Achieving optimal performance at work and in life involves taking your mental and physical abilities to their highest levels so that you can realize – and reach – your greatest potential.

    A unique discipline called the DeRose Method is catching the attention of entrepreneurs and ambitious business people across the world by promoting a quality lifestyle that’s strengthened through well-being, culture, mindfulness, self awareness and kindness.

    Originating from Brazil and this method involves physical and mental exercises and techniques. To date the lifestyles of many have been transformed through taking their lives to the next level and bringing optimal performance within their grasp.

    By regularly attending classes at either of the two DeRose Method schools in Manhattan, New Yorkers can also now achieve excellence in fitness, health and business.

    Already, entrepreneurs in New York’s thriving startup community are reaping its benefits and sensing perfection in their professional and personal lives to last a lifetime.

    As DeRose Method practitioners they’re also striving to make the world a better place to exist in.

     John Chisenhall, DeRose Method instructor & Director of DeRose Method Greenwich Village, NYC

    John Chisenhall, DeRose Method instructor & Director of DeRose Method Greenwich Village, NYC

    "We’re not trying to create something new, we’re trying to take what genuinely works in order to help others perform at their absolute best."

    Here, DeRose Method instructor John Chisenhall tells Nativa World how he’s helping New York’s business community navigate the road to optimal performance…

    John what does the word, ‘Enrich’ mean to you?

    It represents the effort to make prosperity a lifestyle. It’s to recognize value and opportunity in everything, whether it’s in plain sight or latent. Then, what matters most, is acting on that opportunity. It’s a pro-active lifestyle in which I try to add value, or inspire value to manifest in everything and everyone I cross paths with. For example, when I was younger the sustainability concept of ‘leaving no trace behind’ really inspired me, but later on, with my DeRose Method studies, I learned that I should take it a step further and leave the space better off than when I arrived. I try to apply this concept to every moment and interaction in my work and outside of it.

    There’s great power in knowing that everything happening in my life is the result of my own thoughts, words, and actions

    How do you define ‘quality of life’?

    Quality of life is to make your existence uncomplicated, to do what gives you pleasure, happiness, health and well-being. Quality of life is to adopt habits and behaviors that promote optimal functionality of the body, emotions and mind. Quality of life is to interact in a mindful and responsible manner towards all people, animals and nature, aspiring to think, speak and act with generosity, respect and affection.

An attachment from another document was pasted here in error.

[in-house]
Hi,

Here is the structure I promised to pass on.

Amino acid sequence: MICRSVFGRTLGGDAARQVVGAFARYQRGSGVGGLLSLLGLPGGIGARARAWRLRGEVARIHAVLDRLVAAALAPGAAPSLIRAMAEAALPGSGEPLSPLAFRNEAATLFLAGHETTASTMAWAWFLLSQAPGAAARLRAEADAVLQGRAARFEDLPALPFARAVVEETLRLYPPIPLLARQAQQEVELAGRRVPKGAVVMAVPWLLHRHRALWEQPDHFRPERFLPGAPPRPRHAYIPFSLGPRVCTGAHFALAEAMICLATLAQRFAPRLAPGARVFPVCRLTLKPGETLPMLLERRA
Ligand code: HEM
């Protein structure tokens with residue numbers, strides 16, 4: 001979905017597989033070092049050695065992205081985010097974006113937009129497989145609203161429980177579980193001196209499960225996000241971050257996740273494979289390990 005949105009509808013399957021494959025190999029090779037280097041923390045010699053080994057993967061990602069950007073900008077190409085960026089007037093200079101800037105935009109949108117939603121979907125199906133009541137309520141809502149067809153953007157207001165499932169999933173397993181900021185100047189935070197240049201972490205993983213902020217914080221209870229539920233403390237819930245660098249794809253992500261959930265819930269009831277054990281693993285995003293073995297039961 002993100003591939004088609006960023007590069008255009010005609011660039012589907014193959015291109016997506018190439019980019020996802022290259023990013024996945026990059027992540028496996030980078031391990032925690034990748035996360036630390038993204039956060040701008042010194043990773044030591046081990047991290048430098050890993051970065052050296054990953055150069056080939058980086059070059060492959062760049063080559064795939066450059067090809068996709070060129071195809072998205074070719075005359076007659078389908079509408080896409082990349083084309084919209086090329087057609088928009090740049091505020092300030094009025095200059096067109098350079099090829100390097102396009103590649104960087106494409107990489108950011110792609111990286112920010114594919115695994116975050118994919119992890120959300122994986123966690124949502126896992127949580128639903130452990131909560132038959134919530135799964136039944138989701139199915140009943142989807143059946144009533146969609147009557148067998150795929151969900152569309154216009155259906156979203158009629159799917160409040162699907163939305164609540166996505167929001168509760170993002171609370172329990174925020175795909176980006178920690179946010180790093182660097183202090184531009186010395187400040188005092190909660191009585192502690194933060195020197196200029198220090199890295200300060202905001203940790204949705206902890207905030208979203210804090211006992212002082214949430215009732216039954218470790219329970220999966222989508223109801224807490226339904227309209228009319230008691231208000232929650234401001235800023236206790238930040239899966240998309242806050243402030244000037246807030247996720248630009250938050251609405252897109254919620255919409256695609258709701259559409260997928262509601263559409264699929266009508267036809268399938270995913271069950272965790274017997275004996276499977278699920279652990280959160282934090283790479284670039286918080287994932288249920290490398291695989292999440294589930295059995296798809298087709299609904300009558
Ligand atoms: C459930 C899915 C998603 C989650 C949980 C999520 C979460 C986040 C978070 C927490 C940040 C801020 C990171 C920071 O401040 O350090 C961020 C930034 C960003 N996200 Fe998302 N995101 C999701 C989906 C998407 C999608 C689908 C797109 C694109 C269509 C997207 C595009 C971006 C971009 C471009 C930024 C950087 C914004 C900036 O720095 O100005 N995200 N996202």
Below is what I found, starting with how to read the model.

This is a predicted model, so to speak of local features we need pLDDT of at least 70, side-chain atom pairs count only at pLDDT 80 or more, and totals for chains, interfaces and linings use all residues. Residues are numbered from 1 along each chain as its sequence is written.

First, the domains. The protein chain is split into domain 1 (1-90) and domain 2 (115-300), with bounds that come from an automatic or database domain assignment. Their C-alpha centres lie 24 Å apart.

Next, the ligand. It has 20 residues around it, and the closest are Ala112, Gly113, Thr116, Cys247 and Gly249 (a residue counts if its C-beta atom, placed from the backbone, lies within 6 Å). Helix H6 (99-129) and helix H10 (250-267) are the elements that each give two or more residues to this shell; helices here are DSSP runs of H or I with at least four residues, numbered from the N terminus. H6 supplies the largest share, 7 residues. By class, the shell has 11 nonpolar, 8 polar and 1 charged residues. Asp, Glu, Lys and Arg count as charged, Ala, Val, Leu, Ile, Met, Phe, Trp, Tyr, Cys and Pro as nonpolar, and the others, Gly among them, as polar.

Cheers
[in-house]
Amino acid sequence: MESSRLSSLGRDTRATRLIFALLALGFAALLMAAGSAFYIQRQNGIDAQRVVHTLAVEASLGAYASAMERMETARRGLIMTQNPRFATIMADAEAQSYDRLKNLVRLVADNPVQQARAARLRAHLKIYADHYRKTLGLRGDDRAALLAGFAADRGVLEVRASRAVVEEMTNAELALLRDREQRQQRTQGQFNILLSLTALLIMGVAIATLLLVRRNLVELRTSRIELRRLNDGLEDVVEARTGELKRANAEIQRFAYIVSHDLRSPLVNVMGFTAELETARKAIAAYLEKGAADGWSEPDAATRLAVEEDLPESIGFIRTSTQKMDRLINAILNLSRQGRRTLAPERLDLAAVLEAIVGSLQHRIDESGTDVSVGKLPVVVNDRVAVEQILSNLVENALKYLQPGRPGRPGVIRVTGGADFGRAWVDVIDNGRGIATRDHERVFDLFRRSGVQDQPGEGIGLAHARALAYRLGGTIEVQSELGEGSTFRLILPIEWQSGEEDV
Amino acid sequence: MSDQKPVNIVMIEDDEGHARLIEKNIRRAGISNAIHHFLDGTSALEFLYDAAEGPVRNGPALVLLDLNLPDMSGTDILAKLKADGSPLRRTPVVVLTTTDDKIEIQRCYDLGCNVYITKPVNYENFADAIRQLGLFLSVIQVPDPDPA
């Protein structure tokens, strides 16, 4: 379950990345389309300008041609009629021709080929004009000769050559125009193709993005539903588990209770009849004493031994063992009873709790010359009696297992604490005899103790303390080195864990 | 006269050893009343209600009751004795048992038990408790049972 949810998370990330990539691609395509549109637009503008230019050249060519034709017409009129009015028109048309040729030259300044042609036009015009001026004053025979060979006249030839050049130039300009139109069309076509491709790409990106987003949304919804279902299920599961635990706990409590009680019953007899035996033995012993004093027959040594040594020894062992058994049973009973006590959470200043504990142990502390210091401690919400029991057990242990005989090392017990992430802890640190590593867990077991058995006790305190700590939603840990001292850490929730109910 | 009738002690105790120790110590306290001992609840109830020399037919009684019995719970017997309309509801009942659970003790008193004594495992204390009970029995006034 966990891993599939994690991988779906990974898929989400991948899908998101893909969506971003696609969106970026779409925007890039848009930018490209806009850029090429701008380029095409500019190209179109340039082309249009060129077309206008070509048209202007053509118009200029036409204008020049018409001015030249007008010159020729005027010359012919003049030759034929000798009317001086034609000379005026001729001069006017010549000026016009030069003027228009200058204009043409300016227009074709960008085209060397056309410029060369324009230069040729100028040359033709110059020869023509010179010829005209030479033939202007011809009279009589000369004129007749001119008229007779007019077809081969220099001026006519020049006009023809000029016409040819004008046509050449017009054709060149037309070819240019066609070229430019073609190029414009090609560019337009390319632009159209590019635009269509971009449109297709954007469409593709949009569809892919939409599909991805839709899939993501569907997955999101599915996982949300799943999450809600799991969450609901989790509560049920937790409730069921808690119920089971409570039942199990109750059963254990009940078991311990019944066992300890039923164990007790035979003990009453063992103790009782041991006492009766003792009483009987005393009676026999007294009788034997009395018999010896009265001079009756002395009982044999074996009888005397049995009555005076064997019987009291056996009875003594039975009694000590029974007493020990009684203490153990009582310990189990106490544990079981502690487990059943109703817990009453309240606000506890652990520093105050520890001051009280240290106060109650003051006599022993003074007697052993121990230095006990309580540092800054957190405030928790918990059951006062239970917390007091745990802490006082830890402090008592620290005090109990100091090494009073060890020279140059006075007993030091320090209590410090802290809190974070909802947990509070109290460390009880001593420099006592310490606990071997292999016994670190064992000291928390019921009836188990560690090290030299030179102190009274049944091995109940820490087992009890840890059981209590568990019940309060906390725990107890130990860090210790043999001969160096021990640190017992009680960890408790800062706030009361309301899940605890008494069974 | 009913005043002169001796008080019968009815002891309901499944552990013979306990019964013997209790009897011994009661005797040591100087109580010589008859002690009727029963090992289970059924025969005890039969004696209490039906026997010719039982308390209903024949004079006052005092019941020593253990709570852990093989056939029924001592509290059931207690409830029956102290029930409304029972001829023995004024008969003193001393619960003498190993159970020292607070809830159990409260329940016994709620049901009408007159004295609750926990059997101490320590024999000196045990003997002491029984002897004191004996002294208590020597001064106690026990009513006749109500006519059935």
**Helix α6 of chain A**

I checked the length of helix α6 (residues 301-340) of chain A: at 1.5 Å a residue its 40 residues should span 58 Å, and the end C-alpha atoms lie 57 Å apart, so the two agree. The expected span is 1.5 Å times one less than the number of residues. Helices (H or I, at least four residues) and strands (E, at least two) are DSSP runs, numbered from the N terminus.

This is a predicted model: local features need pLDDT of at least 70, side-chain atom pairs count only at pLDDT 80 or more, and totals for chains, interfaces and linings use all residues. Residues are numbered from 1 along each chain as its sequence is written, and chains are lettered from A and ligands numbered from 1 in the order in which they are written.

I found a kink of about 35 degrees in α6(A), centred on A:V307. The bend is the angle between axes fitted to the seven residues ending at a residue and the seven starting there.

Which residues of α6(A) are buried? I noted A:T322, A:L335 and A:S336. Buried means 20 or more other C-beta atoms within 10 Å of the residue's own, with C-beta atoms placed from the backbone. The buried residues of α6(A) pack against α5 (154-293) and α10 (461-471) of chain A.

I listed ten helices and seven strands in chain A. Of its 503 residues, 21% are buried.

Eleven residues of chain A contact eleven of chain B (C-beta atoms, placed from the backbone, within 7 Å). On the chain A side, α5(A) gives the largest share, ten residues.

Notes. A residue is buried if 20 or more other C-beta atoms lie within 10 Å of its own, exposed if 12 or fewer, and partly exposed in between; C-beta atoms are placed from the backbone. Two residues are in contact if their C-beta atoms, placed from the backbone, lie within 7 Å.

What’s the secret to it?

    On a more personal level, and beyond that, the secret to quality of life is to prioritize the alignment of my work and my relationships with my ideals, values and life mission. I’m willing to go through a rough patch, or many, as long as my intuitive sensory gland confirms that I’m on the right path. I haven’t always made the right choices, but I’ve acquired the asset of new perceptions and experience from every single mistake, and that has paid higher returns over my lifetime. There’s great power in knowing that everything happening in my life is the result of my own thoughts, words, and actions. If I’m not satisfied, I systematically evaluate and audit my thoughts, words, and actions.

    What’s your background?

    After graduating from Texas A&M University with a degree in Economics, I decided to dedicate a year to traveling Latin America and to learning Spanish before I made any concrete steps towards saving the world with my economics wisdom. So, I jumped on a Greyhound bus in my hometown of San Antonio, Texas and began my journey to Buenos Aires, Argentina. Not long after I arrived I walked into a DeRose Method school. It didn’t take long to realize that the DeRose Method offered an unmatched set of tools and resources for self-development.

    Our network is focused on supporting the long-term success of the individual entrepreneur.

    What was its appeal?

    It was everything I had expected economics to be, with regards to being a model for making the world a better place to exist in. I appreciated how no one made any promises of benefits. The benefits I walked in expecting to hear about were merely bread crumbs, side-effects of a high-performance lifestyle. The DeRose Method provided more than solutions, it offered a sustainable and long-term support structure for personal development and the enhancement of performance on a personal and professional level.

    Why did you become a DeRose Method instructor?